Lost Government Child Trust Funds: Ensuring a child receives their entitlement

Oct 3, 2023 | Tax Tuesday

If you have, or know of, a child that was born between 1st September 2002 and 2nd January 2011, then they would have been entitled to a Child Trust Fund; the government’s tax-free savings account scheme that was set up for children born within this period. 

The scheme was initiated as a way of encouraging parents to save for their child’s future. When a child’s account was opened, the government would have given a free cash voucher up to £250, or £500 for low-income families, which parents could continue to add to until the child’s 18th birthday. Note that the Child Trust Fund scheme closed in January 2011 and was replaced with Junior Individual Savings Accounts (JISA).

Under the Child Trust Fund, a parent or guardian is able to add up to £9,000 a year to their child’s account until they turn 18. This money belongs to the child and they can only take it out when they turn 18. They can, however, take control of the account when they’re 16. Even if the parent/guardian wasn’t able to contribute additional funds to the account, the free cash voucher would mean that each child is guaranteed to have some money saved – plus interest.

Alarmingly, though, out of the 6.3 million Child Trust Funds that were opened, it’s estimated that up to a million could be ‘lost’, as account holders are unaware that they exist.

In this week’s Tax Tuesday, we take a look at the scheme and how you can locate the savings.

Finding a Child Trust Fund

Given that the Child Trust Fund was taken out in the name and address of the parents at the time of the child’s birth, it’s unsurprising that so many are lost or forgotten over the span of 18 years. If a parent or guardian was not able to set up an account for their child, the government opened a savings account on the child’s behalf making them even harder to track down.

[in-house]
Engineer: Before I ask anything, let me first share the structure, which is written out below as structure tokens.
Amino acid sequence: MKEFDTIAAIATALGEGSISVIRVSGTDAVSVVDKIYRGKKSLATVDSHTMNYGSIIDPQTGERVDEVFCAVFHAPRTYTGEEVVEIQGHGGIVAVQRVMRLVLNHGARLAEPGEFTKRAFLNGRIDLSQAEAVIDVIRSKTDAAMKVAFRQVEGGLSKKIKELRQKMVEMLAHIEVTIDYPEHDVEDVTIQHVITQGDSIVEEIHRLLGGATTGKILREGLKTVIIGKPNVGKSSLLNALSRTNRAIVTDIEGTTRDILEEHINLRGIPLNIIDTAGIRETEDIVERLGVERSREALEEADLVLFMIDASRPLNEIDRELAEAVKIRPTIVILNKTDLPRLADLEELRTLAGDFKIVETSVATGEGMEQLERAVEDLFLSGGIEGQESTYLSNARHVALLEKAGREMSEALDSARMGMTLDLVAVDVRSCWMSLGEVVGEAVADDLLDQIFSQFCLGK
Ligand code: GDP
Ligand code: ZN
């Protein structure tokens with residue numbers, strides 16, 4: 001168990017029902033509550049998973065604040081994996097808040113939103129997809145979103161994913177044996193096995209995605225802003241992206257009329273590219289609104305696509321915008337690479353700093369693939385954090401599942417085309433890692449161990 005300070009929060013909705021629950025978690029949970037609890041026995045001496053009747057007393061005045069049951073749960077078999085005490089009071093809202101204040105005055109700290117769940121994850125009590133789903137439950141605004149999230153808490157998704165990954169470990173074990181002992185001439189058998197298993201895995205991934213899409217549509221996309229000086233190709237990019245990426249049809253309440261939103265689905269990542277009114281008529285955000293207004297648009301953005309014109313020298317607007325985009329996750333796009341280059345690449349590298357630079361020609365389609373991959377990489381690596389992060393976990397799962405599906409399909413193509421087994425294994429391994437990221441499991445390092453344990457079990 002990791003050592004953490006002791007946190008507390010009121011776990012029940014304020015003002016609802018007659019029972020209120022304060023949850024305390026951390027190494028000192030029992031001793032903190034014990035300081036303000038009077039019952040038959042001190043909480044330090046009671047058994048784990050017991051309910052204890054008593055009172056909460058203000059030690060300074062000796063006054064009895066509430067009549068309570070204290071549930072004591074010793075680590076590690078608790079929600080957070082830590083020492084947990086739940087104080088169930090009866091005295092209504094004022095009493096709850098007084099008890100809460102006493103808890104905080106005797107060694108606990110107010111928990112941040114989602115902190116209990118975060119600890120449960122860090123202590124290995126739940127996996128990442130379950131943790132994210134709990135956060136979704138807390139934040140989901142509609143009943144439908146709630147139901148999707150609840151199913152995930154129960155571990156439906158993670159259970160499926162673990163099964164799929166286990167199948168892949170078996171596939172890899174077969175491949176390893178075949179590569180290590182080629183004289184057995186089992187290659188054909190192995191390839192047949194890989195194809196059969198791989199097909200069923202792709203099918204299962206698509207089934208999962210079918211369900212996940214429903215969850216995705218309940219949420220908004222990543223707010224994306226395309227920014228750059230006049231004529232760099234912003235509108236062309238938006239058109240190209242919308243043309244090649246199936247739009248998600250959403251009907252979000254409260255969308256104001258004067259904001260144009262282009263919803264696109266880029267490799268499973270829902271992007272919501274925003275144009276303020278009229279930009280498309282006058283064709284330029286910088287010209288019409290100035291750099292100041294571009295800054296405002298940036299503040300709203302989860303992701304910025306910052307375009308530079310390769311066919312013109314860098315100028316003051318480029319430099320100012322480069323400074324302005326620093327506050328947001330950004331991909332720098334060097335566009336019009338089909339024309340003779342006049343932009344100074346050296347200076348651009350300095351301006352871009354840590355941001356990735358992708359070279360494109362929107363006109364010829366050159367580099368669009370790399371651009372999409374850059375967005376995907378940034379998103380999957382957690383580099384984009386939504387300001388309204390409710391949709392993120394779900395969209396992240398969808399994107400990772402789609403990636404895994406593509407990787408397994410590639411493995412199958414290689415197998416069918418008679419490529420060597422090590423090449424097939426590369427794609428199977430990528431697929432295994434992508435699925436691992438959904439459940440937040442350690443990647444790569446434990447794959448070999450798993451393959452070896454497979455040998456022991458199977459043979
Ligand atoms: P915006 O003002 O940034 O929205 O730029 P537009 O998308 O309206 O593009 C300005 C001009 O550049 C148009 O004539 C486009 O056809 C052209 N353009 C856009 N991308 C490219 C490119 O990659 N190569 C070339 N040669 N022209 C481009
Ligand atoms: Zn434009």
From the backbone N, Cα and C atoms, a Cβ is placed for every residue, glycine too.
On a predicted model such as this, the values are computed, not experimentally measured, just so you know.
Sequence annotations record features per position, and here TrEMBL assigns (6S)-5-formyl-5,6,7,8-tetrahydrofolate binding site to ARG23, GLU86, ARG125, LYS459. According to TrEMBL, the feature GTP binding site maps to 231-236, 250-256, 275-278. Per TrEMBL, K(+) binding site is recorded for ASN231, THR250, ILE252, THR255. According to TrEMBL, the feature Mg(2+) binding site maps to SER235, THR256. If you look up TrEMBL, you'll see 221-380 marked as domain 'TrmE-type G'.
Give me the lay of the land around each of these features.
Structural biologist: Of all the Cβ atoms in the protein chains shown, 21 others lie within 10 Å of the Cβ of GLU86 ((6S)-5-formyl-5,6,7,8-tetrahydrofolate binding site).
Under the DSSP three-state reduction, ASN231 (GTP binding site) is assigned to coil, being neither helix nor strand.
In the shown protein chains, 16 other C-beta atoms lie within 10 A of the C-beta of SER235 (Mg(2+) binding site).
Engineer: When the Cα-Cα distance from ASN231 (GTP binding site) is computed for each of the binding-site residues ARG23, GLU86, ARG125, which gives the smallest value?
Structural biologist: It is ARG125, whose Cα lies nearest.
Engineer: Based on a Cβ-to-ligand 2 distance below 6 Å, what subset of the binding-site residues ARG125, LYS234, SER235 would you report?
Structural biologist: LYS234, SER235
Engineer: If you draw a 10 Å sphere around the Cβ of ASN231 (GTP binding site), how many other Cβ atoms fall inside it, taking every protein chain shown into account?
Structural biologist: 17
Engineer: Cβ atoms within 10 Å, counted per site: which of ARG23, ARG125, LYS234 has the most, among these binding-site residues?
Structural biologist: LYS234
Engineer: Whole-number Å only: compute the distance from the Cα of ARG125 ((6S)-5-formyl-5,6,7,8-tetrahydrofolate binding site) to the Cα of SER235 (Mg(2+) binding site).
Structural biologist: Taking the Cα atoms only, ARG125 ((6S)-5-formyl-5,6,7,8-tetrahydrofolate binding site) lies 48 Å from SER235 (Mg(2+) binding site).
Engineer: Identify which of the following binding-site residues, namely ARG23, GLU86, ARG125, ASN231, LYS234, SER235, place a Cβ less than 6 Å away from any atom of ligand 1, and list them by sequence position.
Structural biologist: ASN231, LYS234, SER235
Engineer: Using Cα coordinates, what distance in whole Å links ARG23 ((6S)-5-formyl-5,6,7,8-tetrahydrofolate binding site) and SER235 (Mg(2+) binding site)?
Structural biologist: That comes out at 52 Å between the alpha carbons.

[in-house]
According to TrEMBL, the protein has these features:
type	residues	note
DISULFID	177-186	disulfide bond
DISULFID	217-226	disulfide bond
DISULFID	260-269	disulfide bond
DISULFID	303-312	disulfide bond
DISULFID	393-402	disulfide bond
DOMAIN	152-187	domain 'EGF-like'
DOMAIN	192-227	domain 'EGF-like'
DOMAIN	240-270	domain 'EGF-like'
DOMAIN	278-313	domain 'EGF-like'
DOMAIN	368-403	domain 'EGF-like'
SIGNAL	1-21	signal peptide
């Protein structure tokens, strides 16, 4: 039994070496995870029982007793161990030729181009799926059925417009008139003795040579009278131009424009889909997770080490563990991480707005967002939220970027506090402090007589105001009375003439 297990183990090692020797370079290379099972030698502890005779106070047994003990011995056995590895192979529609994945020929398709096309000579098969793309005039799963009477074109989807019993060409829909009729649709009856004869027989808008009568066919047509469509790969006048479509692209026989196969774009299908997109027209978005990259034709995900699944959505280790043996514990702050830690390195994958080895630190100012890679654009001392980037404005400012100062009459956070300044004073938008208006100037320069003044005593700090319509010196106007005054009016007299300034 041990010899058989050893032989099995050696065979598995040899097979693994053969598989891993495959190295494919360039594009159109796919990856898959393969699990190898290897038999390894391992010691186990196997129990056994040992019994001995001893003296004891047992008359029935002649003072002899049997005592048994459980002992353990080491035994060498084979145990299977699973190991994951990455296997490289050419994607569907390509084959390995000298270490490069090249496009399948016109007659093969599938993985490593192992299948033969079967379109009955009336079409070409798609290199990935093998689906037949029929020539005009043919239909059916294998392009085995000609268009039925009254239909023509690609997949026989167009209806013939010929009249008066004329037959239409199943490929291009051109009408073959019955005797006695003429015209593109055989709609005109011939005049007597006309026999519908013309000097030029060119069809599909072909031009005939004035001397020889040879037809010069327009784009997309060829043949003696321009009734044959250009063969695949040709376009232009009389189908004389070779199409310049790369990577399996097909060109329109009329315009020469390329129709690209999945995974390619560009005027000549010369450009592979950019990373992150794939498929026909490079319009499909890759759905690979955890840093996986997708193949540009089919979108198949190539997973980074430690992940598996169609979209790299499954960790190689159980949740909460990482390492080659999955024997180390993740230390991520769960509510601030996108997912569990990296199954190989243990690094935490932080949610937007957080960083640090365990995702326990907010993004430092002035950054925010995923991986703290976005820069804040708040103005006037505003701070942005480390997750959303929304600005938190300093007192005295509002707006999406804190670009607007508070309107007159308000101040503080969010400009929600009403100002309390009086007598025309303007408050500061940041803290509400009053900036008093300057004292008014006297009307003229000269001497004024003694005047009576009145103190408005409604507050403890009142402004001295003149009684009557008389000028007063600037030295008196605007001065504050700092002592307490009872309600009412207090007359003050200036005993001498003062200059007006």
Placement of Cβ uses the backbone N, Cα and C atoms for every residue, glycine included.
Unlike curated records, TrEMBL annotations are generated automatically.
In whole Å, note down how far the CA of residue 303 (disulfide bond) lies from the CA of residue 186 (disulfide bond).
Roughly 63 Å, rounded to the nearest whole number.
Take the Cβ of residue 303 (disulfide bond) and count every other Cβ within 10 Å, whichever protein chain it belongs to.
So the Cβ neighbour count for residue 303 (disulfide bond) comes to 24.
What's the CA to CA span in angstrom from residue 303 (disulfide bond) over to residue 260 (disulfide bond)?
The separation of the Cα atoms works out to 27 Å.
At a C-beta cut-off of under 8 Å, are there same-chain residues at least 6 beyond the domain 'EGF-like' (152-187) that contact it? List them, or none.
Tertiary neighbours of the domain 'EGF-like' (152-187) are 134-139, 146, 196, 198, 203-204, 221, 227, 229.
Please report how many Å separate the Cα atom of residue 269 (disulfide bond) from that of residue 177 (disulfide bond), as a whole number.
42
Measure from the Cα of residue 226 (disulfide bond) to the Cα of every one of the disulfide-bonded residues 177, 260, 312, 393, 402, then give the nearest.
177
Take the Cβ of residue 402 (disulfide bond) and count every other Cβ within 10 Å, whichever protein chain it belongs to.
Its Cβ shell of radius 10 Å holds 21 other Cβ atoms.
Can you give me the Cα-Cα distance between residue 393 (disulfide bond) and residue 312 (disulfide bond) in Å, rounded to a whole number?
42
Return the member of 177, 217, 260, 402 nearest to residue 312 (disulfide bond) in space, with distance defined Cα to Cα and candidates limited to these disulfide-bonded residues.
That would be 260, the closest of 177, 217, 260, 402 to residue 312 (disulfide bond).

If you know who the account is with, then you can contact the provider directly. If you do not know the Child Trust Fund provider, HMRC will be able to help you track it down. You can either do this online or request the details by post.

HMRC’s Find a Child Trust Fund tool allows you to input the child’s details so that they can inform you which provider holds the account. If the child is older than 16, they will need to do this themselves. To do this, click “use the online form to ask HMRC where a Child Trust Fund is”. You will need to have:

  • your National Insurance number
  • Government Gateway user ID and password (if you don’t have this, you can click ‘Create sign in details” to set an account up.

Once HMRC responds, you will be able to contact the Child Trust Fund provider to access your account.

To request by post, you’ll need to send HMRC some personal information. The information will differ depending on whether you are the trust fund holder or the parent/guardian seeking details on behalf of a child. Full details can be found at GOV.UK here. You should receive a response from HMRC within three weeks of them receiving your request. 

If you’re the main contact for the Child Trust Fund, you’re known as the ‘registered contact’ and will have certain responsibilities until your child takes control of their own account. As the registered contact, you’re the only person who can:

  • tell the account provider how to invest the fund and run the account
  • change the address and other personal details
  • change the type of account, for example from cash to stocks and shares
  • move the account to another provider (e.g., JISA)

When the child turns 18, their Child Trust Fund matures, meaning that:

  • the child automatically takes over the account
  • no more money can be added

The child can either take the money out or transfer it to an adult ISA. Once they have done this, the account will close. Until then, it stays an account that no one else has access to.